'IT will be noticed that there is one difference between the present case and the two cases on which reliance has been placed on behalf of the appellants. This is not a case where a plaintiff or an appellant applies for bringing the heirs of the deceased defendant or respondent on the record; this is a case where one of the appellants died and his heirs have to be brought on record. In such a case there is no question of any diligent or bona fide enqiry for the deceased appellant's heirs must be known to the heirs who applied for being brought on the record. Even so we are of opinion that unless there is fraud or collusion or there are other circumstances which indicate that there has not been a fair or real trail or that against the absent heir there was a special case which was not and could not be tried in the proceedings, there is no reason why the heirs who have applied for being brought on record should not be held to represent the entire estate including the interests of the heirs not brought on the record. This is not to say that where heirs of an appellant are to be brought on record all of them should not be brought on record and any .of them should be deliberately left out. But if by oversight or on account of some doubt as to who are the heirs any heir or a deceased appellant is left out that in itself would be no reason for holding that the entire estate of the deceased is not represented unless circumstances like fraud or collusion to which we have referred above exist.'
Again in Mahabir Prasad v. J age Ram : 3SCR301 , it was held:
'WHERE in a proceeding a party dies and one of the legal representatives is already on the record in another capacity, it is only necessary that he should be described by an appropriate application made in that behalf that he is also on the record, as a heir and legal representative. Even if there are other heirs and legal representatives and no application for impleading them is made within the period of limitation prescribed by the Limitation Act the proceeding will not bate.'
I think Shri Khanna is right in his submission that, applying the above principles also, the suit should not have been held to have abated.
(8) On behalf of the respondents two preliminary objections were taken, one of delay and the other that, since the order of the Sub Judge had merged in an appellate order of the Addl. Distt. Judge this petition to revise the order of the Sub Judge is not competent. The facts relevant to this contention may be briefly stated. Against the order of the trial judge dated 14.2.75, presently impugned, the petitioner, under legal advice, filed an appeal before the District Judge which was dismissed on 24.10.75 as not maintainable and as barred by limitation. The petitioner was advised to file a second appeal to this Court (RSA 26/76) which was dismised by B.C. Misra-J. on 4.8.1976 holding that the order of the lower appellate Court did not suffer from any legal infirmity and did not call for interference. Thereafter, the present revision was filed on 24.8.76.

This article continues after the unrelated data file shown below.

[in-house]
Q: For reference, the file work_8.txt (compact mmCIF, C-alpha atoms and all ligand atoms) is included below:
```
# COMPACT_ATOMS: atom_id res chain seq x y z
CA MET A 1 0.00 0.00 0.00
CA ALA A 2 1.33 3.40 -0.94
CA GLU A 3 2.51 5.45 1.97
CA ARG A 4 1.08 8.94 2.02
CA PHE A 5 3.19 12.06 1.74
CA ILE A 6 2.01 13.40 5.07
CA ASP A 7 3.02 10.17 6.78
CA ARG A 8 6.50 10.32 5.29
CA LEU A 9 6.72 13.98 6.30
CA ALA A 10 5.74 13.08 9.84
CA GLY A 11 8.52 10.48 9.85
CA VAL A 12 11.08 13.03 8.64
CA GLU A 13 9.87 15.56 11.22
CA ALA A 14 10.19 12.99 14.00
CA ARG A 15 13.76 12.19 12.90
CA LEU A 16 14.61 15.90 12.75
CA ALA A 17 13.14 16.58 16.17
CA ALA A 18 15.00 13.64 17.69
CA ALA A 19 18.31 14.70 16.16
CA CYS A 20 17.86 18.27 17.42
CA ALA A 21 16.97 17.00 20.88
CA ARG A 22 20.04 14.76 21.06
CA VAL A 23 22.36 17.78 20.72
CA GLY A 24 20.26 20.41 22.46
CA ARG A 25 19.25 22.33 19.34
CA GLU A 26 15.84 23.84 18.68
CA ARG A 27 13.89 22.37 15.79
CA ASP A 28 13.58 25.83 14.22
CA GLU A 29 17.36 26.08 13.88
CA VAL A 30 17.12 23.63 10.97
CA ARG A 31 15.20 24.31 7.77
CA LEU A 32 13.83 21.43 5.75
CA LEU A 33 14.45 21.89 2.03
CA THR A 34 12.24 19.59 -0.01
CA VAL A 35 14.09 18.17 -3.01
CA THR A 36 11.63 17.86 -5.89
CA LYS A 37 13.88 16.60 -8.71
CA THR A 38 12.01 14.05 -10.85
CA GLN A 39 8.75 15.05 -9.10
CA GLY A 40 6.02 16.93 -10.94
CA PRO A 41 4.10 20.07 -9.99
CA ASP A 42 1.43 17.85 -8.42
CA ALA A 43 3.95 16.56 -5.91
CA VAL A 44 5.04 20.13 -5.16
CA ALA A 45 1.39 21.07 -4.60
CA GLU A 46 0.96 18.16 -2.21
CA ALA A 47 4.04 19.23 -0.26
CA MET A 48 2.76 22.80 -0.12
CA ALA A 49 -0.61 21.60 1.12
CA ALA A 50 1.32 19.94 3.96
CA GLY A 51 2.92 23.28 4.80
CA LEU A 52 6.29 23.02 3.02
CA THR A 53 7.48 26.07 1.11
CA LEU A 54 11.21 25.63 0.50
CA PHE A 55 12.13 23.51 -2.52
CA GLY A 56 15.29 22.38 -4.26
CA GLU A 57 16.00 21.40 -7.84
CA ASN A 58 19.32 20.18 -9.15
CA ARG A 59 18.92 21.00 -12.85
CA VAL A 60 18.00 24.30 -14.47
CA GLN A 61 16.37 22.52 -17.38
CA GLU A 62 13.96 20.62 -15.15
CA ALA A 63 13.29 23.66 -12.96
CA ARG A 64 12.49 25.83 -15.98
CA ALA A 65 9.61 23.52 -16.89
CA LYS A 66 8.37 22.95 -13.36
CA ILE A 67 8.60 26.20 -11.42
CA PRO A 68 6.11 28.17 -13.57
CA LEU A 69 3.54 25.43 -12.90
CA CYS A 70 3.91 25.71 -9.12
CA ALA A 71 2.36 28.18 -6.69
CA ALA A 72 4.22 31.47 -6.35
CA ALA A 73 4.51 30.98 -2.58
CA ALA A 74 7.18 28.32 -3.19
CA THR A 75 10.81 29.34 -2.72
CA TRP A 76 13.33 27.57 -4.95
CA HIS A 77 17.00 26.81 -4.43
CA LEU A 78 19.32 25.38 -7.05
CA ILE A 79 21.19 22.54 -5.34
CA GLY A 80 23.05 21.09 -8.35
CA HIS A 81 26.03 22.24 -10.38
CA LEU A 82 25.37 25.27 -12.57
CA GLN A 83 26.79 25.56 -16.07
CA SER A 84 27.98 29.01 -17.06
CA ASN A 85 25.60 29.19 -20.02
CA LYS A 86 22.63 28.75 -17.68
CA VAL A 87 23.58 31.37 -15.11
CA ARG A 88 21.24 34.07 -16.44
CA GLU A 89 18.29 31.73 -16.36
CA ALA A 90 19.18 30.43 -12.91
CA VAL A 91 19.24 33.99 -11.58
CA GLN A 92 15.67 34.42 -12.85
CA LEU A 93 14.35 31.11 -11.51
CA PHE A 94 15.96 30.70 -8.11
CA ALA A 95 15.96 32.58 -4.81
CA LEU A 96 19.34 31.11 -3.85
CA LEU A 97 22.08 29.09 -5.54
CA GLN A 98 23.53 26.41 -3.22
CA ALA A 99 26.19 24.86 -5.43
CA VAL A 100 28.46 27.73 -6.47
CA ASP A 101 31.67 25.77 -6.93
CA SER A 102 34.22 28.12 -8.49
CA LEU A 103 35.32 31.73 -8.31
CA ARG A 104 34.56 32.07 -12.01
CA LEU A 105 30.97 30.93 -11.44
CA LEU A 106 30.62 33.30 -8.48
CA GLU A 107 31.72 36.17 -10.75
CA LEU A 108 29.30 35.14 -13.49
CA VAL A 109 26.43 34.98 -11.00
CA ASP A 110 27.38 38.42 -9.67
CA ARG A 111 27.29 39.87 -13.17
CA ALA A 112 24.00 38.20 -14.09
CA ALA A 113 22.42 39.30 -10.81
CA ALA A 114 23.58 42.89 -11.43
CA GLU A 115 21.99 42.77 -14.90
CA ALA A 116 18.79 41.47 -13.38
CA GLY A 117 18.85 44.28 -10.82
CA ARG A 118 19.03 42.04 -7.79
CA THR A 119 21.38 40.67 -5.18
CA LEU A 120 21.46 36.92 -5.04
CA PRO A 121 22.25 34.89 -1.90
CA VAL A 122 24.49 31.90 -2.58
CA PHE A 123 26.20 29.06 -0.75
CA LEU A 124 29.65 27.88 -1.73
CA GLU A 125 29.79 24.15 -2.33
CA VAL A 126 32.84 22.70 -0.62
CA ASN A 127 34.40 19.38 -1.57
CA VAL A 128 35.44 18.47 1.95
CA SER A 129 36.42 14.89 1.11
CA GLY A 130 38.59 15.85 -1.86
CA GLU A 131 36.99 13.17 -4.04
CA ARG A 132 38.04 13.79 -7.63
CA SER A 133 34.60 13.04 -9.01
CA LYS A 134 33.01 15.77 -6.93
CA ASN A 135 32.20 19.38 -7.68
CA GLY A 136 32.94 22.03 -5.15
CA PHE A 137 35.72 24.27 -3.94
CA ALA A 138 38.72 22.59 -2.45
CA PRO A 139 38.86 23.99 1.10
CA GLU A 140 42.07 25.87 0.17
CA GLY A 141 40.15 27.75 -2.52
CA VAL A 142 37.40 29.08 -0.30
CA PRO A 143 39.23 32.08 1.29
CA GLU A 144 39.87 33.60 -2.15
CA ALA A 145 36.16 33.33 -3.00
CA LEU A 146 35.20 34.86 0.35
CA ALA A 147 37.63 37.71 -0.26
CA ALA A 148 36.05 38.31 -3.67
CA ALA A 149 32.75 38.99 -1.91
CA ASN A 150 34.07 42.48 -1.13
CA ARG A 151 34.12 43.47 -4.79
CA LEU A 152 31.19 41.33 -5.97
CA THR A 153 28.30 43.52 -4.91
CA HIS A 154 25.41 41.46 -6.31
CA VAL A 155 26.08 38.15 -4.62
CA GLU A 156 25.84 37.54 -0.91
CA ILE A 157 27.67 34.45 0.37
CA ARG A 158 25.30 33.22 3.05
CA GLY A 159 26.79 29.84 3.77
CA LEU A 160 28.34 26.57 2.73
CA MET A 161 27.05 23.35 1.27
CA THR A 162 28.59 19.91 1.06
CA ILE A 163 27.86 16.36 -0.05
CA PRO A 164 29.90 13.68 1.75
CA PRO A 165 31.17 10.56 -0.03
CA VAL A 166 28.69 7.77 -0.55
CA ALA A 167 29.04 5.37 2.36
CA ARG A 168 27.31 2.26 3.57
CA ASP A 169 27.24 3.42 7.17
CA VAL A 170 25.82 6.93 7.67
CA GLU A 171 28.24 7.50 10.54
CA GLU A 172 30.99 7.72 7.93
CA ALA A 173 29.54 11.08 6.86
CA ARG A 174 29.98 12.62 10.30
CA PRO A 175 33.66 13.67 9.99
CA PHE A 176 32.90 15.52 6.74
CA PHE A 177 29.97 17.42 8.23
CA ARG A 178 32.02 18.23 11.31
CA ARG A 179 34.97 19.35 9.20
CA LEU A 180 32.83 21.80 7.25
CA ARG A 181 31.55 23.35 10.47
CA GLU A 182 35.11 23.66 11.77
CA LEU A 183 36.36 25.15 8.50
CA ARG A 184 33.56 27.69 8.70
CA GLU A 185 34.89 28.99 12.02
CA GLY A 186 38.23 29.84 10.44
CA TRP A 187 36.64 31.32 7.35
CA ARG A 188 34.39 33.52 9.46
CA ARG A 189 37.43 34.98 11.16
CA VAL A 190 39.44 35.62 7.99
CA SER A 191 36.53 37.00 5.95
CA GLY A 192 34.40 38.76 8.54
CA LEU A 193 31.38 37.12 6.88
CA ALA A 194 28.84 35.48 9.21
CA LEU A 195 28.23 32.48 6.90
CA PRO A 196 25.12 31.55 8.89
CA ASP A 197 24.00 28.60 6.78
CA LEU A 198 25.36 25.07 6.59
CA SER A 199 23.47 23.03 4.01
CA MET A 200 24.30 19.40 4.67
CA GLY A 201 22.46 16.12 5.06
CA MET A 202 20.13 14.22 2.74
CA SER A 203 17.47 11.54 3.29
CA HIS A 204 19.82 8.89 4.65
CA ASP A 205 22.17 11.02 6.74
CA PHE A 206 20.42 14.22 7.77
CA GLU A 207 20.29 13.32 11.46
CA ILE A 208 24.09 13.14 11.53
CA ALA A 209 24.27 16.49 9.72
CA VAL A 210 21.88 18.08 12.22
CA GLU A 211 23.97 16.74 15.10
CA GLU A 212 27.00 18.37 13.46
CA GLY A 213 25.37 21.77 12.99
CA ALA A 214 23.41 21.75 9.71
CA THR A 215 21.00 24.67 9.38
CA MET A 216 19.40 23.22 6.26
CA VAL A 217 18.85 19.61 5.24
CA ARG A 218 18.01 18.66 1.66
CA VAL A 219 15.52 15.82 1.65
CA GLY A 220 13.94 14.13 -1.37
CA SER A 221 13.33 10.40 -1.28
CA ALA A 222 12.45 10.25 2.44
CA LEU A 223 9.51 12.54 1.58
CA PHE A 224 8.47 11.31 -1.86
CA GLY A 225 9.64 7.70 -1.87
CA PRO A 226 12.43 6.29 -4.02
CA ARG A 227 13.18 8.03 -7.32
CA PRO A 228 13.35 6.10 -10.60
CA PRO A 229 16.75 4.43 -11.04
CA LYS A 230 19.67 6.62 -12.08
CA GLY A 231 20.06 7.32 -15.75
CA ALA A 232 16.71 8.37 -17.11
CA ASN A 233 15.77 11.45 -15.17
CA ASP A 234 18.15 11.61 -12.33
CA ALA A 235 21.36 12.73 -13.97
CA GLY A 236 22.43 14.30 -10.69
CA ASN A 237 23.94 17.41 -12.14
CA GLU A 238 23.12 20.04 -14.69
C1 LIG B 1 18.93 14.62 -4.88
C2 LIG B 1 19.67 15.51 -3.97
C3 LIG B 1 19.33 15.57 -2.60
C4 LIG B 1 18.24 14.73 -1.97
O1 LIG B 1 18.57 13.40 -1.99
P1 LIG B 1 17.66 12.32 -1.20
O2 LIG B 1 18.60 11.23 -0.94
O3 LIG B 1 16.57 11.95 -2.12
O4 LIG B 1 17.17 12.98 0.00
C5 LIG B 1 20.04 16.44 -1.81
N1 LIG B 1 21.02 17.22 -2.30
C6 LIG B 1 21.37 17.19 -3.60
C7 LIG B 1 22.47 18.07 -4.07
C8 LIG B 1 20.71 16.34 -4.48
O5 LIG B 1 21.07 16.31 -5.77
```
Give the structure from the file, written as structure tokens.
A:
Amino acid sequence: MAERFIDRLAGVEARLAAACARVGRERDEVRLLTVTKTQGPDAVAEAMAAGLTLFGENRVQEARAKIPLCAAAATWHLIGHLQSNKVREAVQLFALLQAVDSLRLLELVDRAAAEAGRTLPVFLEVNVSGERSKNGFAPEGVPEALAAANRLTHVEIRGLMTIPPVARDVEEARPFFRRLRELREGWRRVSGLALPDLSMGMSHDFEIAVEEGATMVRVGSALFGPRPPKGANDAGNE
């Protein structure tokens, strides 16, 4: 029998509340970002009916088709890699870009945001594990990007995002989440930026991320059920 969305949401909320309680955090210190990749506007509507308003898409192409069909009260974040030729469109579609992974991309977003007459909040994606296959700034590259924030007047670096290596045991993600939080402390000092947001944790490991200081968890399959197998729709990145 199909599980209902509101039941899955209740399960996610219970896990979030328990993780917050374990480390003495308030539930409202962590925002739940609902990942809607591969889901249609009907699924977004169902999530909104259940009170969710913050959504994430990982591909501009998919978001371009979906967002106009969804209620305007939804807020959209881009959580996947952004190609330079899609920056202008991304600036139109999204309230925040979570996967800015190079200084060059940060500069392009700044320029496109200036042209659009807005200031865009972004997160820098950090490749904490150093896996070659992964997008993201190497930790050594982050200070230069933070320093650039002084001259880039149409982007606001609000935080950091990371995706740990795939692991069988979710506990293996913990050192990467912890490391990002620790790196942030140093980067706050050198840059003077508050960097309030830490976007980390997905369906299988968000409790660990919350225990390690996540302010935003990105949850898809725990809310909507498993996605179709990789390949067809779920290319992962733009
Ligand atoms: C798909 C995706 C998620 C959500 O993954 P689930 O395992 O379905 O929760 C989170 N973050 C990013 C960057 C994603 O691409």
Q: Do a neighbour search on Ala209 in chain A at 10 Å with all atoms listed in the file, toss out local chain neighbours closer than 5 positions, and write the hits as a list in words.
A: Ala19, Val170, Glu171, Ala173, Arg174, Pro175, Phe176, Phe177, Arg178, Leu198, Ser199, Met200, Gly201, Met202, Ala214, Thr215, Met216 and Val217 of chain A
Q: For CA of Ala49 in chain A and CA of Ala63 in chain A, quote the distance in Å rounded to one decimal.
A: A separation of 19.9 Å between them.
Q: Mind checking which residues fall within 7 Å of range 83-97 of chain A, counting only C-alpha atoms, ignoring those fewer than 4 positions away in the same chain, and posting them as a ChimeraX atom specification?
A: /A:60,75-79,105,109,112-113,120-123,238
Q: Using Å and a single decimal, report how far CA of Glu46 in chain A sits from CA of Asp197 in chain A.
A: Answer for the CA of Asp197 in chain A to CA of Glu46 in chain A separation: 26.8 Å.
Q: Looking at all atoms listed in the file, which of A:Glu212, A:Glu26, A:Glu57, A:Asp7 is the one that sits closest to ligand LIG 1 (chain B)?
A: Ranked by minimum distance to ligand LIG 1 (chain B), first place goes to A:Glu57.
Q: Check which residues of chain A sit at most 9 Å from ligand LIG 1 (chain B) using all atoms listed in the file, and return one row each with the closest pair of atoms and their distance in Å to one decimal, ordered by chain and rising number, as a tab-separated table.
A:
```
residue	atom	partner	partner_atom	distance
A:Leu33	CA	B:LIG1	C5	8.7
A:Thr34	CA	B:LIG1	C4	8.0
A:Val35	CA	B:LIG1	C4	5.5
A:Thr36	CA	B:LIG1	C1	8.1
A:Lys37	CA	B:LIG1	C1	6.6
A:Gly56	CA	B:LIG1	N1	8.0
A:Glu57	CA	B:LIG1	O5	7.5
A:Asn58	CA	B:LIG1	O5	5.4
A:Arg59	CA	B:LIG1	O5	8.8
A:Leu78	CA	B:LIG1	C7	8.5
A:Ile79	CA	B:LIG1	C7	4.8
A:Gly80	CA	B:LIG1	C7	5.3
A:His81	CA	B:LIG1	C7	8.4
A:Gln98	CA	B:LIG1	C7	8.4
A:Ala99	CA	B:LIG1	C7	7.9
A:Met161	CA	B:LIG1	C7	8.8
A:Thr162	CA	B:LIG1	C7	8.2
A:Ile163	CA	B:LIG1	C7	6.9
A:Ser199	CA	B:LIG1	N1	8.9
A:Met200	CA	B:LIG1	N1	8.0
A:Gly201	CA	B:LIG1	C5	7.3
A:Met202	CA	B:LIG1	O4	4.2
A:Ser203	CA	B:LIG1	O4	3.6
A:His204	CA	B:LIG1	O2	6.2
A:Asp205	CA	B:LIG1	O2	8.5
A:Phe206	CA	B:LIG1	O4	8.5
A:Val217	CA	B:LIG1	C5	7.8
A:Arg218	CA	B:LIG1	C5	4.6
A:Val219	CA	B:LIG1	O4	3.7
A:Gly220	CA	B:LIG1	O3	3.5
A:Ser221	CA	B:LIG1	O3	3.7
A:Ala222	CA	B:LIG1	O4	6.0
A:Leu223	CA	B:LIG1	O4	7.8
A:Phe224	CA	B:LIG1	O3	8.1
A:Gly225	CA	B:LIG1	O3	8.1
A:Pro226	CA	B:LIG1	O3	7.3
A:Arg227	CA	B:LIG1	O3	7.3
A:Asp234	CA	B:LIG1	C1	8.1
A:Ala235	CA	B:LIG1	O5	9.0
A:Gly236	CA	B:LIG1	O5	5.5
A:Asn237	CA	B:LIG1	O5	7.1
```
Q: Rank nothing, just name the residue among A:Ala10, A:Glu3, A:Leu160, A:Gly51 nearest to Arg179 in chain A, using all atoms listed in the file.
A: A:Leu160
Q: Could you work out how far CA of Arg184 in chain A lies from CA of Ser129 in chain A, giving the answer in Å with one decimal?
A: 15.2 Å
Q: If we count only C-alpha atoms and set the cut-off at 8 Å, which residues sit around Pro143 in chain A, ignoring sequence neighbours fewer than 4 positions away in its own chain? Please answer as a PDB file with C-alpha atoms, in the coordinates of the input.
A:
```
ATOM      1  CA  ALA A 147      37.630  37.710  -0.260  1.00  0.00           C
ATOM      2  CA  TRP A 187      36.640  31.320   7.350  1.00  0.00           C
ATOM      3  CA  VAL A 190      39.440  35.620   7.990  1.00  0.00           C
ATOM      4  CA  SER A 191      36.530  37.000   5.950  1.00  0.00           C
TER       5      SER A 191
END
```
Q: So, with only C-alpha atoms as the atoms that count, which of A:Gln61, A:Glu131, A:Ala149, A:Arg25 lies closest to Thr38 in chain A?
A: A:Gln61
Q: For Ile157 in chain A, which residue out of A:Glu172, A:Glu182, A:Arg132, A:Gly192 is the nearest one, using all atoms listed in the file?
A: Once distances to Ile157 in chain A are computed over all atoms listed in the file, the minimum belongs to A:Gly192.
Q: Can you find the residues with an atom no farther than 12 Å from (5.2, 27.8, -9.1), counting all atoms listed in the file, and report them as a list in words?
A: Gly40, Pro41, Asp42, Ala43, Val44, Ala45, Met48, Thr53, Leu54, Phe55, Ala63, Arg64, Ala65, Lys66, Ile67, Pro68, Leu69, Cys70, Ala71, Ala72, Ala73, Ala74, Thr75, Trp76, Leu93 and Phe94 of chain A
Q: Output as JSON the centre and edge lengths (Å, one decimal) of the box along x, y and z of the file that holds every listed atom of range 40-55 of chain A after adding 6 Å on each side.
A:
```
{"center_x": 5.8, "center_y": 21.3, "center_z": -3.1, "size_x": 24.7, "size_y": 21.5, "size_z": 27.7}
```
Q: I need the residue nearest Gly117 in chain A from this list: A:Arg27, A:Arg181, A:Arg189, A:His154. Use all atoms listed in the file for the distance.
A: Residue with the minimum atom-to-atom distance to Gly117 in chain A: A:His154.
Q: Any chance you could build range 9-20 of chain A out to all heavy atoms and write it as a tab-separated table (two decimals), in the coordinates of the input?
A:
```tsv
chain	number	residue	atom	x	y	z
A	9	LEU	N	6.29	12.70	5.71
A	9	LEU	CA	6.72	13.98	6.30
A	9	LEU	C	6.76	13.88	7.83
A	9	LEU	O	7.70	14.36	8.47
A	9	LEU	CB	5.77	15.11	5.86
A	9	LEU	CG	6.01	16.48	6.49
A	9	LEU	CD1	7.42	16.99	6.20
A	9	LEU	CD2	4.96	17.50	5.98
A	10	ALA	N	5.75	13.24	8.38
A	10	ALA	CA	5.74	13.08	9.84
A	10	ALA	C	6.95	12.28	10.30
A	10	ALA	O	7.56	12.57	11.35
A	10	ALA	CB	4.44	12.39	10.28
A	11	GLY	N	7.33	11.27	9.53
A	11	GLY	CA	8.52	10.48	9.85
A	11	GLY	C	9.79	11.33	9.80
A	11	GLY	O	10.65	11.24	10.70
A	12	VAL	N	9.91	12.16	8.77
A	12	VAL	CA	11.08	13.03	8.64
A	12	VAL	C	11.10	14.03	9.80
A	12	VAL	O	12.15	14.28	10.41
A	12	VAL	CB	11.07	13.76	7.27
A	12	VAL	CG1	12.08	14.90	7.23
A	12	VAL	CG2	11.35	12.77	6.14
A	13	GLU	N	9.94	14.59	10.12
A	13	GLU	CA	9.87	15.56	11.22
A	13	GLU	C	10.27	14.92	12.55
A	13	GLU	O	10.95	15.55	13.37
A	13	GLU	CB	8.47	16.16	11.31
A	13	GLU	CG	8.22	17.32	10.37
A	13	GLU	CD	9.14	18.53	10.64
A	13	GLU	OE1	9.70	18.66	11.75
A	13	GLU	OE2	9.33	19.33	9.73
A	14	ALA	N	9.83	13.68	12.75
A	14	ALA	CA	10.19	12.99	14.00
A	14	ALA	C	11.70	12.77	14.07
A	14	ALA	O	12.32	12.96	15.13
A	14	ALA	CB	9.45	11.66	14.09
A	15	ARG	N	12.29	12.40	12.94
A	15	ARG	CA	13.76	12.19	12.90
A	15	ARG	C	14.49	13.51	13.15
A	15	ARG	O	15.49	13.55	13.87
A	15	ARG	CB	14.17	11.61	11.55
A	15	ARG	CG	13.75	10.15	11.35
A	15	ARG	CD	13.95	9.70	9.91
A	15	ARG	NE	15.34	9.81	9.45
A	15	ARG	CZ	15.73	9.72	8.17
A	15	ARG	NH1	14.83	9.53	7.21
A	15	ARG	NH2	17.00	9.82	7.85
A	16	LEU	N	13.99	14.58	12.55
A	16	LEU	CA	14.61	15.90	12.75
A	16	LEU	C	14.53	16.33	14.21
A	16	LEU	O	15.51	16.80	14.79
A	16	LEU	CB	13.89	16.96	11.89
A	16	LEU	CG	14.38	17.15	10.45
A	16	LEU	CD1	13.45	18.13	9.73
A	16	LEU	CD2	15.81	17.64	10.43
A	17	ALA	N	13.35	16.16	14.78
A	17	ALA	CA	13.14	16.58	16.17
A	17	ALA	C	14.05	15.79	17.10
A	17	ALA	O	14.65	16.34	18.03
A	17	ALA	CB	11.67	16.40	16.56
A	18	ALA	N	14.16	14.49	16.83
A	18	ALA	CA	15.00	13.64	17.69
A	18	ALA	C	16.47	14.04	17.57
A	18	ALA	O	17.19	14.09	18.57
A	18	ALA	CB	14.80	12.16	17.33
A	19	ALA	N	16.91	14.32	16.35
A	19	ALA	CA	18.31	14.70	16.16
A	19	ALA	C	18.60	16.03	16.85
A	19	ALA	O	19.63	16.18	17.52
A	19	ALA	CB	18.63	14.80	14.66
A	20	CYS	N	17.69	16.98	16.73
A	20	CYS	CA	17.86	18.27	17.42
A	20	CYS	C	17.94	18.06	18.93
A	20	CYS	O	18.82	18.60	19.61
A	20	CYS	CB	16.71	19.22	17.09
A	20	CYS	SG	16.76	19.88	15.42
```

(9) The contentions of Shri Ramesh Chandra cannot, in my view, be upheld. The order of the Addl. Distt. Judge merely refused to entertain an appeal and dismissed it as not maintainable. The order of the Sub Judge cannot, in the circumstances, be said to have merged therein (see State of Madras v. Madurai Mills Co. Ltd, : 1SCR732 ). So far as the point of delay is concerned, it does not survive as the matter has already been considered and the delay in filing the revision petition condoned by the order of Deshpande-J. (as he then was) dated 29.11.76 in C.M. No. 1369/76 which was an application for condensation of delay.
(10) For the reasons discussed above, the Civil Revision is allowed. The suit filed by the petitioner is restored to the file of the Sub Judge who will now proceed to dispose it of in accordance with law. The records will be transmitted to the lower court and the parties will appear before the Sub-Judge concerned on 2nd July 1979 for directions as to posting. Petition allowed.